Between the groups of school children visiting the local recycler, there is a group of PhD’s from Cisco taking their own field trip. Their objective is to gain insights on how to design products that are easier to recycle. This is just one of the many innovative programs that Cisco’s “Green Czar” Paul Marcoux established.
Marcoux's mission as “Green Czar” is to make Cisco’s products more energy efficient and less impactful to the environment. His challenge is to make changes to a sizable product portfolio at various stages of its lifecycle. There is also a large group of scientists, designers and engineers to get on-board. The approach Marcoux took was to define three major pillars that included education, enhancing Cisco's green product design and supporting industry standards.
With its focus on performance – quantity of data and transfer speed – Cisco is the premier networking company with a consistent track record of innovation as measured by quantity, quality and impact of patents as evaluated by an independent group, The Patent Board. With education, the goal is to tap into that same engineering creativity to solve green performance issues. In addition to field trips, Paul sponsored “Nerd Lunches”, sessions with universities where latest research is shared and Earth Day events.
2. Green Product Design.
A Product Roadmap was defined to ensure green engineering changes are incorporated across all products. At this point, Cisco will add green enhancements to new products and not upgrade already released products. Cisco’s focus is on power supplies that are efficient at a variety of loads, improving the energy performance for Application Specific Integrated Circuits (ASIC) with the goal to improve by 15 to 20 percent and reducing product packaging to reduce waste and make for more efficient transportation of equipment. All new Cisco products will include these state-of-the-art power, ASIC and packaging standards.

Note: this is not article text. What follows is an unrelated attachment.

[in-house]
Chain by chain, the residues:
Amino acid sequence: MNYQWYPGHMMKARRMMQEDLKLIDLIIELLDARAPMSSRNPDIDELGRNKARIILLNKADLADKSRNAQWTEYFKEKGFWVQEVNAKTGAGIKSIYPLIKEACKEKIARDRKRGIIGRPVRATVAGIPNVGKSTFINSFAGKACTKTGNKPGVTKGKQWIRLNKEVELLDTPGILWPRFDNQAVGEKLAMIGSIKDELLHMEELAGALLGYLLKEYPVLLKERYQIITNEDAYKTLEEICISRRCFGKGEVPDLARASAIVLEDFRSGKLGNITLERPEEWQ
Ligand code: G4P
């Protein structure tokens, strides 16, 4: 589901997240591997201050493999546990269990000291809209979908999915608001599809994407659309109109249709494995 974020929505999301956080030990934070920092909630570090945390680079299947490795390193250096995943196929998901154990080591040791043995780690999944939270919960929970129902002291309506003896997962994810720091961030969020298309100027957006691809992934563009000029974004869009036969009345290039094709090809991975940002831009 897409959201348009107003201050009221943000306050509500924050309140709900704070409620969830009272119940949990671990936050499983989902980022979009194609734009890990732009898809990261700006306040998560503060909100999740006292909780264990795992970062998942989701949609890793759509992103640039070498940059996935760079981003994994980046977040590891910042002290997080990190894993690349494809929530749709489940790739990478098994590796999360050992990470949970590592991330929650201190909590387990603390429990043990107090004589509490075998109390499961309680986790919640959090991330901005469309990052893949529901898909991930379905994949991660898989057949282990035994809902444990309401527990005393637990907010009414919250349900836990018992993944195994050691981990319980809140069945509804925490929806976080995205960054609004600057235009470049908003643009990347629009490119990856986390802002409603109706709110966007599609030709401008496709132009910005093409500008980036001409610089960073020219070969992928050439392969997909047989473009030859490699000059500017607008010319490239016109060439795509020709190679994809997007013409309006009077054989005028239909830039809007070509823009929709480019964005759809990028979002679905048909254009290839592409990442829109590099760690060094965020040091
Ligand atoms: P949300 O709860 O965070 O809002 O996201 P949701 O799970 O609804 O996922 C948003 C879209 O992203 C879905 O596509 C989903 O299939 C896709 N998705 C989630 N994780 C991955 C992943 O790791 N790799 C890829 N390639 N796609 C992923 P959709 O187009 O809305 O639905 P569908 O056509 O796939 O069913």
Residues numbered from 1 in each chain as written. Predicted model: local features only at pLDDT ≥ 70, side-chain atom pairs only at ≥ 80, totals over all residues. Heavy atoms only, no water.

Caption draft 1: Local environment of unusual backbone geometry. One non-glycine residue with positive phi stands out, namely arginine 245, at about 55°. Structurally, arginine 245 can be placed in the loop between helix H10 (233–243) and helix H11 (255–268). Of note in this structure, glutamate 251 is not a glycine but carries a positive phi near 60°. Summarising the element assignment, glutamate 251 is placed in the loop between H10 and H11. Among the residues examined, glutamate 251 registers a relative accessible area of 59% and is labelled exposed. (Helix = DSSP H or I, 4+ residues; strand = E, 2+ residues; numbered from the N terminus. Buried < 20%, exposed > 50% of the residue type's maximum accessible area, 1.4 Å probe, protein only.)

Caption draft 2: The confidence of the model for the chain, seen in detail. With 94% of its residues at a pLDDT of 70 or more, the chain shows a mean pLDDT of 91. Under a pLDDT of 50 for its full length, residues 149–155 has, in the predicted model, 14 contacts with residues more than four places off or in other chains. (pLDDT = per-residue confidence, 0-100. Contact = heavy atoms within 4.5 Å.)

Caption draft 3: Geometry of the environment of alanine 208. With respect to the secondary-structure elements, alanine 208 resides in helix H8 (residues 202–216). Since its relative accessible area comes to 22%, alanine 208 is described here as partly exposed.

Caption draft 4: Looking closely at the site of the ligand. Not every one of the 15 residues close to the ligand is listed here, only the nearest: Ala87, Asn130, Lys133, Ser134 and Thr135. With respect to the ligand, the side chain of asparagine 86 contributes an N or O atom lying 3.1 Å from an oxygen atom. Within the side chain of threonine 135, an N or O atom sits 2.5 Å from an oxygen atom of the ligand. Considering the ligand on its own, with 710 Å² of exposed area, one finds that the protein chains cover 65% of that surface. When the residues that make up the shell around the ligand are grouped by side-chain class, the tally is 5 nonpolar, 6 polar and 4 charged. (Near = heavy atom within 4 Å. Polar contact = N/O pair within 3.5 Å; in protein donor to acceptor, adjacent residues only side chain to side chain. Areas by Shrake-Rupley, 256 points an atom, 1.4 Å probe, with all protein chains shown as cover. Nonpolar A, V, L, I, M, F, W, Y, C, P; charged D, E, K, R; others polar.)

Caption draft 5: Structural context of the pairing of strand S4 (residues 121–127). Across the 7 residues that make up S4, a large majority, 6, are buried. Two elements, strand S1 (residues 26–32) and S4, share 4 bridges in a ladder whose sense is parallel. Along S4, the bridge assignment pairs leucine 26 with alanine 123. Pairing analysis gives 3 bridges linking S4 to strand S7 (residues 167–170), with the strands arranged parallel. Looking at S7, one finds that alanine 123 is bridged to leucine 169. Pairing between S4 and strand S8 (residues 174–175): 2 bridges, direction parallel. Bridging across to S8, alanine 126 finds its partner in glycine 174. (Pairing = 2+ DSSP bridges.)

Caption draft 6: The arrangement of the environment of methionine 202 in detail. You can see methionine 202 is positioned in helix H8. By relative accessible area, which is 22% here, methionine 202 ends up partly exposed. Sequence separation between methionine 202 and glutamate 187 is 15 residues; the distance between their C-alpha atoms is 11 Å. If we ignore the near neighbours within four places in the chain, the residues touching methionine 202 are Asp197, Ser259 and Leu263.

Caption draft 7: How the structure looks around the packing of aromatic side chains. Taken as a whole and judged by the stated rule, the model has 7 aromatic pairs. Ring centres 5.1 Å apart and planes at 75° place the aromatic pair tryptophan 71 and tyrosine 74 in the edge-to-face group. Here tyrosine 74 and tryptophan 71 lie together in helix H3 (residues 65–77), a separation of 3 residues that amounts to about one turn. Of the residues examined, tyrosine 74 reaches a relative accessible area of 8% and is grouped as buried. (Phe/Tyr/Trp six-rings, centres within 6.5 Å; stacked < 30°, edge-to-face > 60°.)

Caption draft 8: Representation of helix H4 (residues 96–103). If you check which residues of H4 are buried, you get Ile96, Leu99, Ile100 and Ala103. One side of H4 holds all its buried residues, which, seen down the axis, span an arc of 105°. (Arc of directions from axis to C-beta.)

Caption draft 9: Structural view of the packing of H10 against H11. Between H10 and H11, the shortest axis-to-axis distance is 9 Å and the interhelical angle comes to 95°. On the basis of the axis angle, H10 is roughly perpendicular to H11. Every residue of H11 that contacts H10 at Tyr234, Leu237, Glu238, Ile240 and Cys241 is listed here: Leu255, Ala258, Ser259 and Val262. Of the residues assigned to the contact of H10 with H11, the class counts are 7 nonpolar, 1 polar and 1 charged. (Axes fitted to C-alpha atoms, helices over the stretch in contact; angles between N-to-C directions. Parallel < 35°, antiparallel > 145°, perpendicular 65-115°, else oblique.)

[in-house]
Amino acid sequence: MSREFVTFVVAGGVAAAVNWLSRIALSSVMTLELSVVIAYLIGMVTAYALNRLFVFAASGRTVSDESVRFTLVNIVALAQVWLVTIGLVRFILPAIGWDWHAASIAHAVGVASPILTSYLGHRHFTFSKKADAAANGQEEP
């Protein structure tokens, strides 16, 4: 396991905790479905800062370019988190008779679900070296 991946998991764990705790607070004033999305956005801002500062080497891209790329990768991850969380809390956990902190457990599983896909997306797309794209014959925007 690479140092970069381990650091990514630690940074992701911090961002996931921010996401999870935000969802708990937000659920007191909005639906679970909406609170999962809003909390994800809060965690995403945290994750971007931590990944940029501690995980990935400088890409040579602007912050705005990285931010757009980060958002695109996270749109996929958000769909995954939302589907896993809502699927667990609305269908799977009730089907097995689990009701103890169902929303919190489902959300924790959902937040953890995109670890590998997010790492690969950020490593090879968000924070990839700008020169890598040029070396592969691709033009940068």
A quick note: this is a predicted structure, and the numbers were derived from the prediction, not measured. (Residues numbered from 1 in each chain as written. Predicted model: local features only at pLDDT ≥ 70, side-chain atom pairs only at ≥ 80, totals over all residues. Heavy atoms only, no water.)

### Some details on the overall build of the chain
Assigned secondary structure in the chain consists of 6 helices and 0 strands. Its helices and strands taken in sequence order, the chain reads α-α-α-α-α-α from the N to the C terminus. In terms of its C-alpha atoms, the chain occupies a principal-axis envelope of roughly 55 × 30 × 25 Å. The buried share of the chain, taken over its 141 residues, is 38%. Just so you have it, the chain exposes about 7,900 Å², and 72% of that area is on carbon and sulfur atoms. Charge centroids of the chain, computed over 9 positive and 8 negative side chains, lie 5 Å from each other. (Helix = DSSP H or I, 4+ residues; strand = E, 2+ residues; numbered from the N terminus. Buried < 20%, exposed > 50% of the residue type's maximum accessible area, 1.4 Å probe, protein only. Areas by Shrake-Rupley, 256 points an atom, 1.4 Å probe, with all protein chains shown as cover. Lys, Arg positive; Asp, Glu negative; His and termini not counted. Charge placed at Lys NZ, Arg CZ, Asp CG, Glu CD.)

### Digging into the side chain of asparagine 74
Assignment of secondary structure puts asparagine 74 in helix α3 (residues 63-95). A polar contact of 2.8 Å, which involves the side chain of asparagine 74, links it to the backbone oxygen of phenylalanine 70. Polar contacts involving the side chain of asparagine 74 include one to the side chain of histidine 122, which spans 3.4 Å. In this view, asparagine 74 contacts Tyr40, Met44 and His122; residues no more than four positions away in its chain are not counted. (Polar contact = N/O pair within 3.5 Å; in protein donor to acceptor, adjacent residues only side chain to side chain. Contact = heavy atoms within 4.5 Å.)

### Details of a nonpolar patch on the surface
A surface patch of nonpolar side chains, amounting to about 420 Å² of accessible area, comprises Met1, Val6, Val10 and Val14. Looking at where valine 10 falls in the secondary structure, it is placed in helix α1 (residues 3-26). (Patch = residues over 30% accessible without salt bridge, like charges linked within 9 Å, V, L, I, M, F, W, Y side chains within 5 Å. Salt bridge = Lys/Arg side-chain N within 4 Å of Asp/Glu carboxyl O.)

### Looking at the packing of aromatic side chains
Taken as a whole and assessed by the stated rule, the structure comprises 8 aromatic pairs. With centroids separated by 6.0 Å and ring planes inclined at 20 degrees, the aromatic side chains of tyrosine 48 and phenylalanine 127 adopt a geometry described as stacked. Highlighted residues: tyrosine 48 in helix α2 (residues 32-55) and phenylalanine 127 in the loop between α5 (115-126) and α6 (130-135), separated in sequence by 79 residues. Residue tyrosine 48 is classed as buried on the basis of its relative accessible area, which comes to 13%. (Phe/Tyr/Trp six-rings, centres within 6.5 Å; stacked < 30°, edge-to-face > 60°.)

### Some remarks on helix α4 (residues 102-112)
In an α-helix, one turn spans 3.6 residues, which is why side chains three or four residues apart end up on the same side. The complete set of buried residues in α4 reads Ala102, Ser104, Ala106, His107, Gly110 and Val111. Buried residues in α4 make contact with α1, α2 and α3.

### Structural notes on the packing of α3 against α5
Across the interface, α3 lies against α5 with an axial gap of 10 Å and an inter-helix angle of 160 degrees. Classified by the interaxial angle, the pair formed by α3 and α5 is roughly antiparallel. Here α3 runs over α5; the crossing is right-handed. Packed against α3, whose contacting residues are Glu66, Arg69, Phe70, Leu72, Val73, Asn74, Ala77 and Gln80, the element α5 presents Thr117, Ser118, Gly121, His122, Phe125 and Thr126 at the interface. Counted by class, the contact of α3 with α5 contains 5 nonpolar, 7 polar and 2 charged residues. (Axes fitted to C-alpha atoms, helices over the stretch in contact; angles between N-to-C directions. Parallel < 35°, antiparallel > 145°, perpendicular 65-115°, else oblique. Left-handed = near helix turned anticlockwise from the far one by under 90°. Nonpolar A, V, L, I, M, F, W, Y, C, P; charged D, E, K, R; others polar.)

Green specifications were added to Product Requirements Document that controls product development. Marcoux shared that “There is now mandatory review process for each product design and engineering phase to ensure that new green specifications are incorporated.” Green collaboration tools were developed to help engineers evaluate products, services and organizations consistently.
3. Industry Standards
To provide apple-to-apple comparisons among network suppliers and drive continued efficiency improvements, standard metrics are required to define energy consumed for work performed. This is comparable to the miles-per-gallon for an automobile. The discussion is still active on what the appropriate metric is for networking equipment and a number of rating systems have been proposed. For example, Verizon whose energy costs for network equipment is a significant business driver defined its own. Working with Lawrence Livermore Labs, IXIA and Juniper defined an Energy Consumption Rating. At this point, the Environmental Protection Agency (EPA) is focused on adding servers to its highly regarded Energy Star program and hopes to work on network equipment in 2010. In March 2009, the Alliance for Telecommunications Industry Standard’s (ATIS) released its Telecommunications Energy Efficiency Rating (TEER). Marcoux believes “ATIS TEER is a good standard for industry to coalesce around.”
For example, Cisco uses ATIS TEER as part of its product profile and efficiencies track. All enterprise products are tested at various operating levels per the ATIS TEER standard. Marcoux explained that “This will allow a systems designer to avoid over-design because of the lack of realistic operating data and improve overall energy utilization.”
Once the scientists, designers and engineers were engaged, they valued the new technical challenges that green design provides and are on-track to incorporate green enhancements in all Cisco products by 2012. There has been healthy discussion on energy efficiency ratings that have already yielded improvements. The broader industry should sort out the best metric(s) to evaluate performance in the near term.